Les Quatre Temps Cardinaux indeed uses similar ideas in a more flat way. Four major color correspond to each section: green, blue, red and finally grey. But all parts make use of the same concepts. The piece indeed superposes and delays several layers of similar patterns creating spatial moirés on each frame and timed rhythms between frames. There is also analogy with Mandala: a center of symmetry is obviously represented in almost all the images of the piece. It metaphysically, or symbolically, allows the audience attention to concentrate more on the music rather the visual part. The initial spark spreads from the center of the screen to the concert hall and is dedicated to the sonic music piece.

Here are some other snapshots of the video part. The last pictures are from Irene Haupt. Video extracts will eventually be provided when I will have the right to diffuse the music too.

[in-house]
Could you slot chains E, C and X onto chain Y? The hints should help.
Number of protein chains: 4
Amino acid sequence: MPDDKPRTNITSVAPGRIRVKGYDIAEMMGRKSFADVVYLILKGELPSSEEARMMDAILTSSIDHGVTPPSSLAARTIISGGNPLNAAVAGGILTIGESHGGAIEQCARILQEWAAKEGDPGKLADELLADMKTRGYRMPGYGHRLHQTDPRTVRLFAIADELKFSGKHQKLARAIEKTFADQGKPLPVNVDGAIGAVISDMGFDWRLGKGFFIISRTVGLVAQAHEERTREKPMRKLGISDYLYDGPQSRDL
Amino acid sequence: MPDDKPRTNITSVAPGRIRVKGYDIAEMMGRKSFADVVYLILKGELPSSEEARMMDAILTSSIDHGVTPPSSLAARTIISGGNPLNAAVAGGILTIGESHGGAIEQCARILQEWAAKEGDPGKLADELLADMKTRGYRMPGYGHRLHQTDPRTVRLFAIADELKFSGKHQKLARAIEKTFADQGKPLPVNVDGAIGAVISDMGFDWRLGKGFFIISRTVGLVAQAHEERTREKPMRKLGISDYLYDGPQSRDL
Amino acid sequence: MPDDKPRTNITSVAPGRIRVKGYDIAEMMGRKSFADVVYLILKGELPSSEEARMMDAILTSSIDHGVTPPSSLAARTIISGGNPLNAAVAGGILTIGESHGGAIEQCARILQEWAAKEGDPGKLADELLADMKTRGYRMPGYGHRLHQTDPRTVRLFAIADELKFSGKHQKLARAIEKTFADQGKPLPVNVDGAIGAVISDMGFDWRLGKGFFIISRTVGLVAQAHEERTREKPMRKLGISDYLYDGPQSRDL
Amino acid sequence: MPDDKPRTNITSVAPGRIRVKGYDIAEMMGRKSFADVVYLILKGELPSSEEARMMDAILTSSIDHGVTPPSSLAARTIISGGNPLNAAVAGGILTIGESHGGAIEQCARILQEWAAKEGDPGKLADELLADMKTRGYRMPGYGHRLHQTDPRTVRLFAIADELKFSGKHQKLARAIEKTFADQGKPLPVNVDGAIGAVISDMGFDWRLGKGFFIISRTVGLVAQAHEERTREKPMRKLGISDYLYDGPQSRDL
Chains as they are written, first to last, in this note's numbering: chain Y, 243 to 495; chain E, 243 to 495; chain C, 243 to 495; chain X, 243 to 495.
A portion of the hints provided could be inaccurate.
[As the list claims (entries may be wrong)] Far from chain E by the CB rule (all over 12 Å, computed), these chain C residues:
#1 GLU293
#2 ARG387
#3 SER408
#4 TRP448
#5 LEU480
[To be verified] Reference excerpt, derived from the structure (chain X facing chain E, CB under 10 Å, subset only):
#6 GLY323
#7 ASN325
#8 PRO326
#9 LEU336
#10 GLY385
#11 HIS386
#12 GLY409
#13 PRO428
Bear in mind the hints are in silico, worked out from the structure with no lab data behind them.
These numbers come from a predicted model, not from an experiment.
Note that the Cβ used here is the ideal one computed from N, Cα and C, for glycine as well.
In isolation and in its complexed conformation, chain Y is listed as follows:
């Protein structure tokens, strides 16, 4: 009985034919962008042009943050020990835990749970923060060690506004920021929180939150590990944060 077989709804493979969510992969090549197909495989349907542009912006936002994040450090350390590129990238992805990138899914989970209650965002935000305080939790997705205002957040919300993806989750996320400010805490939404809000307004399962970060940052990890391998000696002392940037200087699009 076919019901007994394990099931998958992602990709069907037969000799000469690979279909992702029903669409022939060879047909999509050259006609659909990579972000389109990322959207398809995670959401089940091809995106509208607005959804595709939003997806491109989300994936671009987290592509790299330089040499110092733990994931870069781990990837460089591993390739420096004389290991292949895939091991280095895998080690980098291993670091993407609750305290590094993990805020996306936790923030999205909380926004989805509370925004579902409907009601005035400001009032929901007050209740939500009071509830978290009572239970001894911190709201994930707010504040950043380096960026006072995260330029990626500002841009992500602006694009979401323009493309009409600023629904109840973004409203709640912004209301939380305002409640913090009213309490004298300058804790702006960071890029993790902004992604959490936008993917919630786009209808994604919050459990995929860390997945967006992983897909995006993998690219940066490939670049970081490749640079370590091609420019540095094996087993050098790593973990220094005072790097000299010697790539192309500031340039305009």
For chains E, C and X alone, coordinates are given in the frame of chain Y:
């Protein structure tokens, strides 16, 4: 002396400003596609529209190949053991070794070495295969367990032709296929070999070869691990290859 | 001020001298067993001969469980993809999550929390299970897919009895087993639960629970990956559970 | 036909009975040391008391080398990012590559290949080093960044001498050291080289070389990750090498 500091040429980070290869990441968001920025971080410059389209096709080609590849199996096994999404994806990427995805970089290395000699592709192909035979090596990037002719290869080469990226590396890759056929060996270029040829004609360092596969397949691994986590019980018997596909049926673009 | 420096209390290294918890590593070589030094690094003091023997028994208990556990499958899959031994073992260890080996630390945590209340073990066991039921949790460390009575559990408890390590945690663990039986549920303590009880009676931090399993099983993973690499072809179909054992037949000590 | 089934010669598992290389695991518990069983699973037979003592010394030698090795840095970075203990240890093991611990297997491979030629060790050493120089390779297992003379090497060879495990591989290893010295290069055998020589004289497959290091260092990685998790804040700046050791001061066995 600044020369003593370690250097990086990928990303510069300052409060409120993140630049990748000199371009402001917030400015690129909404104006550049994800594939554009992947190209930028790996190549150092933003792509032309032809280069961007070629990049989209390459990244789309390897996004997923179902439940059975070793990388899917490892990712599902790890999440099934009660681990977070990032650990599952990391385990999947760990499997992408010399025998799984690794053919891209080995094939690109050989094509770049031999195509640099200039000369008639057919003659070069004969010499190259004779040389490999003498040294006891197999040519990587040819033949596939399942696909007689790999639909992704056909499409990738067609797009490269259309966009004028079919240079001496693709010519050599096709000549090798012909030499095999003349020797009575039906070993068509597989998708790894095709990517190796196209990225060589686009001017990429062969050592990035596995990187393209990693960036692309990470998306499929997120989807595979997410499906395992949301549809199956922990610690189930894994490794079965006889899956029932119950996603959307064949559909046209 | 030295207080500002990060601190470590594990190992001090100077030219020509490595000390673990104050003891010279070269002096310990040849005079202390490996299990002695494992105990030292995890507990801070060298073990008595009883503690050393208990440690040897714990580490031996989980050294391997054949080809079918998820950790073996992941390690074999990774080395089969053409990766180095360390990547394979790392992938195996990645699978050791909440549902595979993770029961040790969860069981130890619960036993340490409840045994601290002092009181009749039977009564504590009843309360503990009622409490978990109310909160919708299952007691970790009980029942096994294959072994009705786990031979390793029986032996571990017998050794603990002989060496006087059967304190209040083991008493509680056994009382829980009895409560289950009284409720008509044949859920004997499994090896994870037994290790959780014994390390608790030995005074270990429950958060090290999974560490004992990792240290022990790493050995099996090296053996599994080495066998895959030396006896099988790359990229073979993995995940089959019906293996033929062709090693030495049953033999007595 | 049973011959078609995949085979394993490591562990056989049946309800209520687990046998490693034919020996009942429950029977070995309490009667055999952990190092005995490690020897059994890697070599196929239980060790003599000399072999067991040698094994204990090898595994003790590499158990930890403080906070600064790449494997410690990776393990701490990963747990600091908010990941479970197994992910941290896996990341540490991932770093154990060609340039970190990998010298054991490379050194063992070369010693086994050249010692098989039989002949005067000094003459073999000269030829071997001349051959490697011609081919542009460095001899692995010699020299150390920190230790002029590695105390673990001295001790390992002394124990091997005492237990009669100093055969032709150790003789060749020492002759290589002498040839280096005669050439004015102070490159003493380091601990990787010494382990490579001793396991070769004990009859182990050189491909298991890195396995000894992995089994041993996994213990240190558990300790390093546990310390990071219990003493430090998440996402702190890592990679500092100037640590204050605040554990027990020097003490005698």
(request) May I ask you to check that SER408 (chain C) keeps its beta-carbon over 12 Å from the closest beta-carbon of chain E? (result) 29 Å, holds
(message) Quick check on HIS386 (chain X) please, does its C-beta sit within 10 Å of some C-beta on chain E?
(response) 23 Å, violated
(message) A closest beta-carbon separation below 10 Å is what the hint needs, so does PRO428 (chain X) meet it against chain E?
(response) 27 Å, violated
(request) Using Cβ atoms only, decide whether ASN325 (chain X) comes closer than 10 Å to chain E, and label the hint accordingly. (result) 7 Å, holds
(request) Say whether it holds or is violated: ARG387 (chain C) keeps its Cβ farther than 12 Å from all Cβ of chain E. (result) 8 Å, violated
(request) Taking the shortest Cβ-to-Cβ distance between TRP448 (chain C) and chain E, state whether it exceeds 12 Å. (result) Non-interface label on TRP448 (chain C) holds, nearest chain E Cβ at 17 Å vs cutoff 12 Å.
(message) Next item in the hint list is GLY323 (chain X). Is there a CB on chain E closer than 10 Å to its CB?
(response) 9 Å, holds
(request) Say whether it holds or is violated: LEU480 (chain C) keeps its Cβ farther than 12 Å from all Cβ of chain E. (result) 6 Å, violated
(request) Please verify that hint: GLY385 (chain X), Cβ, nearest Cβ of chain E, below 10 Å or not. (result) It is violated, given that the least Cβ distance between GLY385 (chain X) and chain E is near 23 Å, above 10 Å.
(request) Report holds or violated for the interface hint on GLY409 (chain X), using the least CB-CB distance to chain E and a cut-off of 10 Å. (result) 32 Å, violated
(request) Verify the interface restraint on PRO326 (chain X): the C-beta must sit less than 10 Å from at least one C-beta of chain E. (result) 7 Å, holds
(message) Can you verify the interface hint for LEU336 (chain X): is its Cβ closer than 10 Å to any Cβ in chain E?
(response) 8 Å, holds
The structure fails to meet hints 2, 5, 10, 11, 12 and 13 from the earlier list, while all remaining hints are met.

Les Quatre Temps Cardinaux - Olivier Pasquet

Video capture of Les Quatre Temps Cardinaux

Les Quatre Temps Cardinaux - Olivier Pasquet

Video capture of Les Quatre Temps Cardinaux

Les Quatre Temps Cardinaux - Olivier Pasquet

Video capture of Les Quatre Temps Cardinaux

Les Quatre Temps Cardinaux - Olivier Pasquet

Video capture of Les Quatre Temps Cardinaux

Les Quatre Temps Cardinaux - Olivier Pasquet

Video capture of Les Quatre Temps Cardinaux

Les Quatre Temps Cardinaux - Olivier Pasquet

Video capture of Les Quatre Temps Cardinaux

Les Quatre Temps Cardinaux - Olivier Pasquet

Video capture of Les Quatre Temps Cardinaux

Les Quatre Temps Cardinaux - Olivier Pasquet

Video capture of Les Quatre Temps Cardinaux

Les Quatre Temps Cardinaux - Olivier Pasquet

Video capture of Les Quatre Temps Cardinaux

Les Quatre Temps Cardinaux - Olivier Pasquet

Video capture of Les Quatre Temps Cardinaux

Les Quatre Temps Cardinaux - Olivier Pasquet

Video capture of Les Quatre Temps Cardinaux

Les Quatre Temps Cardinaux - Olivier Pasquet

Video capture of Les Quatre Temps Cardinaux

Les Quatre Temps Cardinaux - Olivier Pasquet